You’ve decided on a Fine Material Washer for washing your fine aggregate — now what? Here are five factors you should consider before sizing a Fine Material Washer.
When sizing a Fine Material Washer for your application, consider how many tons per hour you’re looking to produce. Fine Material Washer capacities increase as the diameter of the screw shaft increases. A larger screw shaft equals more tons per hour (tph). For example, a 20” single shaft screw operating at 100% speed can handle 30 tph, while a 72” single screw shaft operating at 100% speed can handle 475 tph.
Adding an additional screw shaft of the same size doubles that capacity. For example, a 36” single screw shaft operating at 100% speed can handle 100 tph, whereas a 36” double screw shaft operating at 100% speed can handle 200 tph.
Single screw washers capacity chart.
Double screw washers capacity chart.
A screw nears capacity when the third flight out of the water has material overflowing the shaft.
2. Silt content
Undesirable silt is minus 200 mesh material, which generally is not allowed in a concrete sand. Knowing the amount of minus 200 mesh material contained in the feed is key to determining how much water is needed to:
- Ensure proper Fine Material Washer selection and operation
- Allow for maximum +200 mesh sand solids recovery
- Effectively remove the silt
In order to meet these silt dilution requirements, most manufacturers recommend at least 50 gallons per minute of water for every ton per hour of silt.
3. Determining how much water you need
To determine how much water you need to effectively remove the silt from your feed and ensure the most efficient Fine Material Washer operation, follow these steps.
First, determine how many tons of silt per hour is contained in the sand feed. To do this, take the percentage of silt from the input feed and multiply it by the tons per hour capacity of your Fine Material Washer. For example, if your feed contains 5% silt and you are operating a 36” single shaft Fine Material Washer, which produces 100 tph when operating at 100% speed, you are processing 5 tph of silt.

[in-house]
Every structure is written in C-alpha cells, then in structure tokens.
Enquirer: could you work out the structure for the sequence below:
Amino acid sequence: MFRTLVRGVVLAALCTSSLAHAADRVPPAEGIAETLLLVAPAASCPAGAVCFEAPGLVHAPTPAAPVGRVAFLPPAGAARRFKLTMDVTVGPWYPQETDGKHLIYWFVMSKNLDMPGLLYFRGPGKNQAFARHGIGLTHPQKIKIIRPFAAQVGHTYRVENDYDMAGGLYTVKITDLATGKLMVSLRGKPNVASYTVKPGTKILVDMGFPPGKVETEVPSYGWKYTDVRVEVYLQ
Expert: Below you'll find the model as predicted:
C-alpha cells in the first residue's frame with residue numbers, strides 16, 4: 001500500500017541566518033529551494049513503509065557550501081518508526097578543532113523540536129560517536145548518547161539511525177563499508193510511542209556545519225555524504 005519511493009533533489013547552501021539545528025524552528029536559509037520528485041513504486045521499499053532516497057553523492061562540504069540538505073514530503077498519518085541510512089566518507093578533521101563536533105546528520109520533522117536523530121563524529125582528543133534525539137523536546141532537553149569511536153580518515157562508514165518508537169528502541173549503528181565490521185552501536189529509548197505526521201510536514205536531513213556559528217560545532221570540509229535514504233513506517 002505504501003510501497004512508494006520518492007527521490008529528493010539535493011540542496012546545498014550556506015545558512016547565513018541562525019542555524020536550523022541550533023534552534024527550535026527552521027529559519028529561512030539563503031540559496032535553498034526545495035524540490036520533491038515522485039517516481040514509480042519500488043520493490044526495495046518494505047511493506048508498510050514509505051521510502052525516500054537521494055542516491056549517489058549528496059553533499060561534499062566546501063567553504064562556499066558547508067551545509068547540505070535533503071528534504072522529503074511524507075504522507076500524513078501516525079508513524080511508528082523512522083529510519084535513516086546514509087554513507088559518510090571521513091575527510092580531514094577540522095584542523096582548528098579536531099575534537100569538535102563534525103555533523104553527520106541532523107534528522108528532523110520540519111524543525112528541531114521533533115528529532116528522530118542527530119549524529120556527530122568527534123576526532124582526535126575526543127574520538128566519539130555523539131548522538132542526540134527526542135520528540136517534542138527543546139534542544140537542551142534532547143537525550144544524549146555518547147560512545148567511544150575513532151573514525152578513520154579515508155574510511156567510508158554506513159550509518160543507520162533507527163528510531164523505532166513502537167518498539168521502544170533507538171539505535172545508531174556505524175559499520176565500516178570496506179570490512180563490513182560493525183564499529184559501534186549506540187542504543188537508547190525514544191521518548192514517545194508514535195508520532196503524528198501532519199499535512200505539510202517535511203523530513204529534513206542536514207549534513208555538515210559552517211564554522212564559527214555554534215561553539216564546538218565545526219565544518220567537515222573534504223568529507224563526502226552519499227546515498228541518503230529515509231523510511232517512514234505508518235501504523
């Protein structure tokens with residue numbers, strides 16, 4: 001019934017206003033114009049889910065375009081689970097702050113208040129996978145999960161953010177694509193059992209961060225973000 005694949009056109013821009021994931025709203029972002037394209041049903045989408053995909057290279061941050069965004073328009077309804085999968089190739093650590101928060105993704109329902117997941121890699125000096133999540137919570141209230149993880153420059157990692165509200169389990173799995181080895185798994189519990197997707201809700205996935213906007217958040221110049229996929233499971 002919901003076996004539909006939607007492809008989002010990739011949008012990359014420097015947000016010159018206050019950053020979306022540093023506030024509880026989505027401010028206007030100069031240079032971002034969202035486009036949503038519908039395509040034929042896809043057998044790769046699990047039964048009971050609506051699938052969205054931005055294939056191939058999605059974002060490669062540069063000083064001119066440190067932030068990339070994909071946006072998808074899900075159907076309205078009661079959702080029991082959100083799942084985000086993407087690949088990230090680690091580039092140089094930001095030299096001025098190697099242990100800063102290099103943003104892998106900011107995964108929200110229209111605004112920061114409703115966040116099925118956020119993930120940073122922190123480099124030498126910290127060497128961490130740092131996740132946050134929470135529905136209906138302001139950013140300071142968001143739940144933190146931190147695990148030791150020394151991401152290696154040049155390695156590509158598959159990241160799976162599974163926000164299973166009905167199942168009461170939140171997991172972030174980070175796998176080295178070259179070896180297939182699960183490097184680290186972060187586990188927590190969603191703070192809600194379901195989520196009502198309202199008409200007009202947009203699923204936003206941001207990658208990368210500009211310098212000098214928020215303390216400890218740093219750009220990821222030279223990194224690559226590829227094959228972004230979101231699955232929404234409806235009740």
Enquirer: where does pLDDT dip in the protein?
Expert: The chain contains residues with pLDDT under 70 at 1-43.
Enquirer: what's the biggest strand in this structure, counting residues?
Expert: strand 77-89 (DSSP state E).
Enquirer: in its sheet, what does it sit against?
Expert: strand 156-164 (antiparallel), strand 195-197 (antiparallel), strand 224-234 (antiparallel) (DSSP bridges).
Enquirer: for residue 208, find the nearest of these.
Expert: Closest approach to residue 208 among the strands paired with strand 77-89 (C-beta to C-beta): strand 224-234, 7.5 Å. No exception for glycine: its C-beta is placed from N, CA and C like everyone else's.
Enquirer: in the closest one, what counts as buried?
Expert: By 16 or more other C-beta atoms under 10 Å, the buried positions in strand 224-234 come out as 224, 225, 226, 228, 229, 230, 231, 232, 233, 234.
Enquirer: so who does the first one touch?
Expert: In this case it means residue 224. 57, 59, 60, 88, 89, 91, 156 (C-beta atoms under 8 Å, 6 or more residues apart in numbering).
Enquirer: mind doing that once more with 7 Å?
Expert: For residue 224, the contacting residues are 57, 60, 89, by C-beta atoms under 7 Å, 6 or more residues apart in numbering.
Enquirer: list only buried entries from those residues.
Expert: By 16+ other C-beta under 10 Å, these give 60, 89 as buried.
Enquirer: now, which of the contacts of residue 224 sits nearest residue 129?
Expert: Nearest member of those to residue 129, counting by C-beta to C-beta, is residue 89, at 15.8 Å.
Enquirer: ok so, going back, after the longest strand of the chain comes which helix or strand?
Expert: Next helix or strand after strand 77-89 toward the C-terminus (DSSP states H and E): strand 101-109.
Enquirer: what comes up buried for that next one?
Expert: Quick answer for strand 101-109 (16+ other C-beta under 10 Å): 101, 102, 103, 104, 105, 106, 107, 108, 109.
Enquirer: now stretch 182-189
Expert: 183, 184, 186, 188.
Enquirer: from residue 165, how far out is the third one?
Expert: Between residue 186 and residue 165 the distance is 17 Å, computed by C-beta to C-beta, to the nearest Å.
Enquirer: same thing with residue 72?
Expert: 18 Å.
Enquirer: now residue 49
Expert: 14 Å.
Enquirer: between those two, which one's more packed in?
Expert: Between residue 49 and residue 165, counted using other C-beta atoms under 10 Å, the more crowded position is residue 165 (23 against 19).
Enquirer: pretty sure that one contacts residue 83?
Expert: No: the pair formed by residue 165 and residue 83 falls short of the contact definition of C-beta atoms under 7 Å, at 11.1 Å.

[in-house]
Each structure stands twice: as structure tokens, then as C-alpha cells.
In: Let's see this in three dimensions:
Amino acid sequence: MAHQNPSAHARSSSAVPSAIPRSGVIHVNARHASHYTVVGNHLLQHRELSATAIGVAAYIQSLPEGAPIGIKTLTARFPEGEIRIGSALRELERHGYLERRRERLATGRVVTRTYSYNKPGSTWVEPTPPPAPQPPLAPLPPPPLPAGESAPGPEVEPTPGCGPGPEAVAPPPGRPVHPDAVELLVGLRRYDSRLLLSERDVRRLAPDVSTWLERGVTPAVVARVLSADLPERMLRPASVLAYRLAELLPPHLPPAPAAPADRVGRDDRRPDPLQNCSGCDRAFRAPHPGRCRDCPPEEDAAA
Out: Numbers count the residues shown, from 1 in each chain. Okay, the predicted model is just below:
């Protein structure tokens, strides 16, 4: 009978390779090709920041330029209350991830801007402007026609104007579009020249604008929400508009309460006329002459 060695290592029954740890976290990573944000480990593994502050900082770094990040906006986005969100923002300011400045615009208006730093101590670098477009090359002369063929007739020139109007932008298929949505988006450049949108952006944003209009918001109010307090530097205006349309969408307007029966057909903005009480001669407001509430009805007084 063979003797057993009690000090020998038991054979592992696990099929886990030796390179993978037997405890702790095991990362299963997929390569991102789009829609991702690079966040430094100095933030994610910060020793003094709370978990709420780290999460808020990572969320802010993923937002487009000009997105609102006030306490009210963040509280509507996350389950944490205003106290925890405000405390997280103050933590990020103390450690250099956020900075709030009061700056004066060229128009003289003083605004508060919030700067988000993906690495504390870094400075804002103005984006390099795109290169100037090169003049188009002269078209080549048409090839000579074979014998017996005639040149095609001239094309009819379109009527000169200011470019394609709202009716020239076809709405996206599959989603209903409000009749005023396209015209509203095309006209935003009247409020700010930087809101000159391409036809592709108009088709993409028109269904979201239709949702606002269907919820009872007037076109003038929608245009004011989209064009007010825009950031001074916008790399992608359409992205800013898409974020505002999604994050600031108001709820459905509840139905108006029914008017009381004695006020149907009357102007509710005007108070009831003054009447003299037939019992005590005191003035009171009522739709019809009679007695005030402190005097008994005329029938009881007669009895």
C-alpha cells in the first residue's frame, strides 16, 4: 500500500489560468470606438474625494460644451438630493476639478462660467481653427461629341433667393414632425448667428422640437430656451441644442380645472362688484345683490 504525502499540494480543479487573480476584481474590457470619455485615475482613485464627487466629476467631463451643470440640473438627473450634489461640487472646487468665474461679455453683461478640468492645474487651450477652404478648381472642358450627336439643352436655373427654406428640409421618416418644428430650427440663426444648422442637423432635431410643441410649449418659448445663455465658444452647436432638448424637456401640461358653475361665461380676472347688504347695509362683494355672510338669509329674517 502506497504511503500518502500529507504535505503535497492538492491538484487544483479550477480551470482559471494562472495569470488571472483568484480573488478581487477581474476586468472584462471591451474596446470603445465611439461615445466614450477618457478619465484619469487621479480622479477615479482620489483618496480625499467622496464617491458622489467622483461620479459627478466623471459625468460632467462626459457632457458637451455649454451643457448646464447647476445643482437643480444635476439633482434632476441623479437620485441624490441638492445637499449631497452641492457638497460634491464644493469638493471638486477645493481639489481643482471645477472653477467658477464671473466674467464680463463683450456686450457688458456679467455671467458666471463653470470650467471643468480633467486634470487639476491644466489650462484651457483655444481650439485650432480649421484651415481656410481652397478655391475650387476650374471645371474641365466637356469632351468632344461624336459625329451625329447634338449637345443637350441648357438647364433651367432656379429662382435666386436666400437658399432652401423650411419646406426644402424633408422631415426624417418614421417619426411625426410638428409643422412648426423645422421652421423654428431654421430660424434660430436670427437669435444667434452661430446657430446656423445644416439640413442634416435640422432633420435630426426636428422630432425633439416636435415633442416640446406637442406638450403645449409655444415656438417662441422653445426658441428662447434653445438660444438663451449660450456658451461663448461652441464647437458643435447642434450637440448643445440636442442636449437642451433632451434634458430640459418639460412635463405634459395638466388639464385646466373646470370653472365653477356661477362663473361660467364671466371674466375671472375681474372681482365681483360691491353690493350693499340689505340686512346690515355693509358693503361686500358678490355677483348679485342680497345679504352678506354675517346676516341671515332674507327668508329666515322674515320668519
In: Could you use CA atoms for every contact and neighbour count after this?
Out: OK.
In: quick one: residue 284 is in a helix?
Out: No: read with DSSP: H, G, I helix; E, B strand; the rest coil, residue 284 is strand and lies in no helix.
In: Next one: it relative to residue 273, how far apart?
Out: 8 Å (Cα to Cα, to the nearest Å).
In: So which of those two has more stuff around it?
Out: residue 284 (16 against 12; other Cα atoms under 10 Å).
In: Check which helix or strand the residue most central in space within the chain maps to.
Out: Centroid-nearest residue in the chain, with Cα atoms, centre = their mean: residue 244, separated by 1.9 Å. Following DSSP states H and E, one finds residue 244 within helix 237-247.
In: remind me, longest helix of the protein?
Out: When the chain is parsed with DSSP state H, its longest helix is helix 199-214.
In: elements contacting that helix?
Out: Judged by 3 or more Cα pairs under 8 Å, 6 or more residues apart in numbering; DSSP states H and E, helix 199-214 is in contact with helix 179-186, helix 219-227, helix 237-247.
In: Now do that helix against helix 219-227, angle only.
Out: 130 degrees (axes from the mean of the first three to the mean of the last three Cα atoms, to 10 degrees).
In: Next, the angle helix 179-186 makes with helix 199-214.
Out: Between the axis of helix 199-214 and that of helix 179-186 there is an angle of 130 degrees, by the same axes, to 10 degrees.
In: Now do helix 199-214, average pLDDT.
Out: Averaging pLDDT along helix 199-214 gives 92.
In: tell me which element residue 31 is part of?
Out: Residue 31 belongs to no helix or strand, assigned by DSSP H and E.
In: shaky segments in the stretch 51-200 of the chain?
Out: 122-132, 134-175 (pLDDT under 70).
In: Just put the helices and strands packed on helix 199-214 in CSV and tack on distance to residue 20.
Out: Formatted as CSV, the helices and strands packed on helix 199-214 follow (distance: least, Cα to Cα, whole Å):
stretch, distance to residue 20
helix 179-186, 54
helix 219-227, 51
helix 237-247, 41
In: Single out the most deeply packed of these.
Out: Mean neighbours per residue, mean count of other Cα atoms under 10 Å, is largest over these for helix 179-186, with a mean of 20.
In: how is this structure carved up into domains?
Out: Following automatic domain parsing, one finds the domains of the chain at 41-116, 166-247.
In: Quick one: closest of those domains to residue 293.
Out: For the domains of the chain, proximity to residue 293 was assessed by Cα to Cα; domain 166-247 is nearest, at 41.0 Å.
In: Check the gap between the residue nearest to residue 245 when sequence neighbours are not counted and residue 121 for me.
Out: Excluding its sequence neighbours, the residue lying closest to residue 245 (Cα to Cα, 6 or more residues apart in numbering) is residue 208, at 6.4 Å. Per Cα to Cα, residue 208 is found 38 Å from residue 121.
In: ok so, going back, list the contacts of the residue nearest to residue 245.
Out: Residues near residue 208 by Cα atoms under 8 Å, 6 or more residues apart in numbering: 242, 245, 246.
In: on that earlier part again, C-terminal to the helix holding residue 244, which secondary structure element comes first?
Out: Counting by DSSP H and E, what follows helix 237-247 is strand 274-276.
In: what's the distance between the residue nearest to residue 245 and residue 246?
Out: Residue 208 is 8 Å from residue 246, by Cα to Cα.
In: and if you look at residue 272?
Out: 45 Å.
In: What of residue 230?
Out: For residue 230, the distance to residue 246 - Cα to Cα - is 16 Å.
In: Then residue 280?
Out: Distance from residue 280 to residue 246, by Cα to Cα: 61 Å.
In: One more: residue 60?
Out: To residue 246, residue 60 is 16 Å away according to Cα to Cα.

To determine how many gallons of water per minute you need, multiply the tons per hour of silt by the recommended 50 gpm for every ton per hour of silt. Using the results of the previous example, 5 tph of silt multiplied by 50 gpm equals 250 gpm of freshwater needed.
4. Fine sand retention requirements
The fourth factor you’ll want to consider when sizing a Fine Material Screw Washer is the size unit required to retain the finest sand you want after you’ve determined how much water is required to remove the silt. Sometimes the size selection for fine product retention determines Fine Material Washer selection and not the tons per hour capacity of the screw shaft.
The chart below can help with determining the amount of water needed to make common mesh splits of 100, 150 and 200. For example, according to the chart, a 44” single shaft will handle 760 gpm and retain 150 mesh fines.
Single screw washers water gallonage chart.
Double screw washers water gallonage chart.
The 150 mesh split is ideal for:
- Concrete sand
- Asphalt sand
- Golf sand
The 200 mesh split is commonly used for mason sand.
5. Product gradation
With the undesirable silt removed, the product gradation will determine the screw speed. Screw speed is based on the percent passing the 50 mesh sieve for the product gradation begin produced.
The recommended screw speed can be determined by taking 1,500 divided by the percent passing 50 mesh. If you have 15% or less passing 50 mesh, the recommended screw speed is 100%. If you have 30% or less passing the 50 mesh, the screw speed should be 50%. The slower screw speed in the second example allows the fine mesh particles more time to settle out in the washer tub.
When screw shaft speed reduction is required, the capacity is also reduced. When the screw speed is lowered to 50%, so is the capacity. Using a 36” Single Screw Fine Material Washer as an example, the capacity is reduced from 100 to 50 tph.
For new Fine Material Washer applications where product gradations do not exist, approximate screw speeds can be calculated based on theoretical product gradations. If you need assistance calculating theoretical product gradations, contact Eagle Iron Works.
Sizing a Fine Material Washer
All five of these factors — tonnage, silt content, water requirements, fine sand retention requirements and product gradation — should be taken into account before sizing a Fine Material Washer. Knowing these numbers ahead of time can help ensure you get the right machine for your application.